What Is Bullying?
The Definition of Bullying
- Punching, shoving, and other acts that hurt people physically
- Spreading bad rumors about people
- Keeping certain people out of a "group"
- Teasing people in a mean way
- Getting certain people to "gang up" on others
- Sending mean text, email, or instant messages
- Posting nasty pictures or messages about others in blogs or on Web sites
- Using someone else's user name to spread rumors or lies about someone
Take a look at Webisode 5 to see an example of cyberbullying. There are many ways that young people bully each other, even if they don't realize it at the time.
Why Do Kids Bully?
- Because I see others doing it
- Because it's what you do if you want to hang out with the right crowd
- Because it makes me feel, stronger, smarter, or better than the person I'm bullying
- Because it's one of the best ways to keep others from bullying me
What Should You Do If You Are Being Bullied?
How to deal with bullying:
- Tell your parents or other trusted adults. They can help stop the bullying.
- If you are bullied at school, tell your teacher, school counselor, or principal. Telling is not tattling.
- Don't fight back. Don't try to bully those who bully you.
- Try not to show anger or fear. Students who bully like to see that they can upset you.
- Calmly tell the student to stop...or say nothing and then walk away.
- Use humor, if this is easy for you to do.
- Try to avoid situations in which bullying is likely to happen. You might want to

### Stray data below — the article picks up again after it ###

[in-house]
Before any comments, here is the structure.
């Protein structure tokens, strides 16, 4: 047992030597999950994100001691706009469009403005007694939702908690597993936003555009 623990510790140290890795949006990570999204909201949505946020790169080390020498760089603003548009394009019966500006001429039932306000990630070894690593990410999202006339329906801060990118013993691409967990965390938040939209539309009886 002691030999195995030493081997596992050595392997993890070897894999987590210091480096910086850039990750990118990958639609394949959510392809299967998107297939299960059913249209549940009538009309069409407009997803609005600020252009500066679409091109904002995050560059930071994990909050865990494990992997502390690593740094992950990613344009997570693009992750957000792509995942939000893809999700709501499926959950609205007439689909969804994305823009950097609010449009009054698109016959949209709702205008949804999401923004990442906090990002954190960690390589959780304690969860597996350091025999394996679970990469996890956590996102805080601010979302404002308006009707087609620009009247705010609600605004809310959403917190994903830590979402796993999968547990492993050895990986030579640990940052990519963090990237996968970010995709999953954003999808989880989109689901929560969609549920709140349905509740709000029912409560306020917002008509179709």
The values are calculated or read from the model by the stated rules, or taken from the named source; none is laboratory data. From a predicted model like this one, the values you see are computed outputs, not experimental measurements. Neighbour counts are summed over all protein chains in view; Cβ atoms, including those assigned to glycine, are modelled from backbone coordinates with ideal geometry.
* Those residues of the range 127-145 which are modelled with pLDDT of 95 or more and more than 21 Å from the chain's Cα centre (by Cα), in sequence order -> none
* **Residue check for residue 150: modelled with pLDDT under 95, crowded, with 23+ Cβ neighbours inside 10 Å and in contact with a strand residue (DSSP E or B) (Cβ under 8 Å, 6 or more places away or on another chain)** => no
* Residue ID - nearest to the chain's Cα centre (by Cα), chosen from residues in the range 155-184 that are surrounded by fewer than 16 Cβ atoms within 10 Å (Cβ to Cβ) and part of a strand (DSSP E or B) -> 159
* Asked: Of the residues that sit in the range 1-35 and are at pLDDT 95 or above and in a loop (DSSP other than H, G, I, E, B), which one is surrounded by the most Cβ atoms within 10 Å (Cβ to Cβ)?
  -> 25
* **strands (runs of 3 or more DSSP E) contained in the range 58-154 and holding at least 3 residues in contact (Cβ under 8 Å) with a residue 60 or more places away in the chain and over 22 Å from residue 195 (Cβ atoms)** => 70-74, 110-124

- Avoid areas of the school where there are not many students or teachers around.
- Make sure you aren't alone in the bathroom or locker room.
- Sit near the front of the bus.
- Don't bring expensive things or lots of money to school.
- Sit with a group of friends at lunch.
- Take a different route through hallways or walk with friends or a teacher to your classes.
What Can YOU Do If You See Someone Being Bullied At School?
- Think about what may work for you:
- Don't just stand there. . . SAY SOMETHING!
- Kids who bully may think they're being funny or “cool.” If you feel safe, tell the person to STOP the bullying behavior. Say you don't like it and that it isn't funny.
- DON'T BULLY BACK! It won't help if you use mean names or actions, and it could make things worse.
What if I don't feel safe telling a bully to stop?
- Say kind words to the child who is being bullied, such as “I'm sorry about what happened,” and “I don't like it!” Help them understand that it's not his or her fault. Be a friend. Invite that student to do things with you, such as sit together at lunch or work together on a project. EVERYONE NEEDS A FRIEND!
- Tell the student who is being bullied to talk to someone about what happened. Offer to help by going along.
- Pay attention to the other kids who see the bullying. (These people are called bystanders.”) Are any of them laughing or joining in with the bullying? If yes, these kids are part of the problem. Let those students know that they're not helping! DON'T be one of them!
Tell an adult. (This is IMPORTANT!!)
- Chances are, the kid who is being bullied needs help from an adult. The kid who is doing the bullying probably does, too. Often, the bullying does not get reported. But, who should you tell? Think about who you could tell in your school:
- Teacher (which one would you talk to?),
- School counselor,
- Cafeteria or Playground Aide,
- School nurse,
- Bus driver, or
- Other adults you feel comfortable telling.
- If you need help telling, take a friend along.
Why don't some kids tell when they see bullying?
- They may not want others to think they are “tattling.”
- They may be afraid that the kids who bully will pick on them next.
- They may think that their friends will make fun of them for trying to help.
What if the bullying doesn't happen at school?
Some information and resources on this page are from Stop Bullying Now! http://www.stopbullyingnow.hrsa.gov.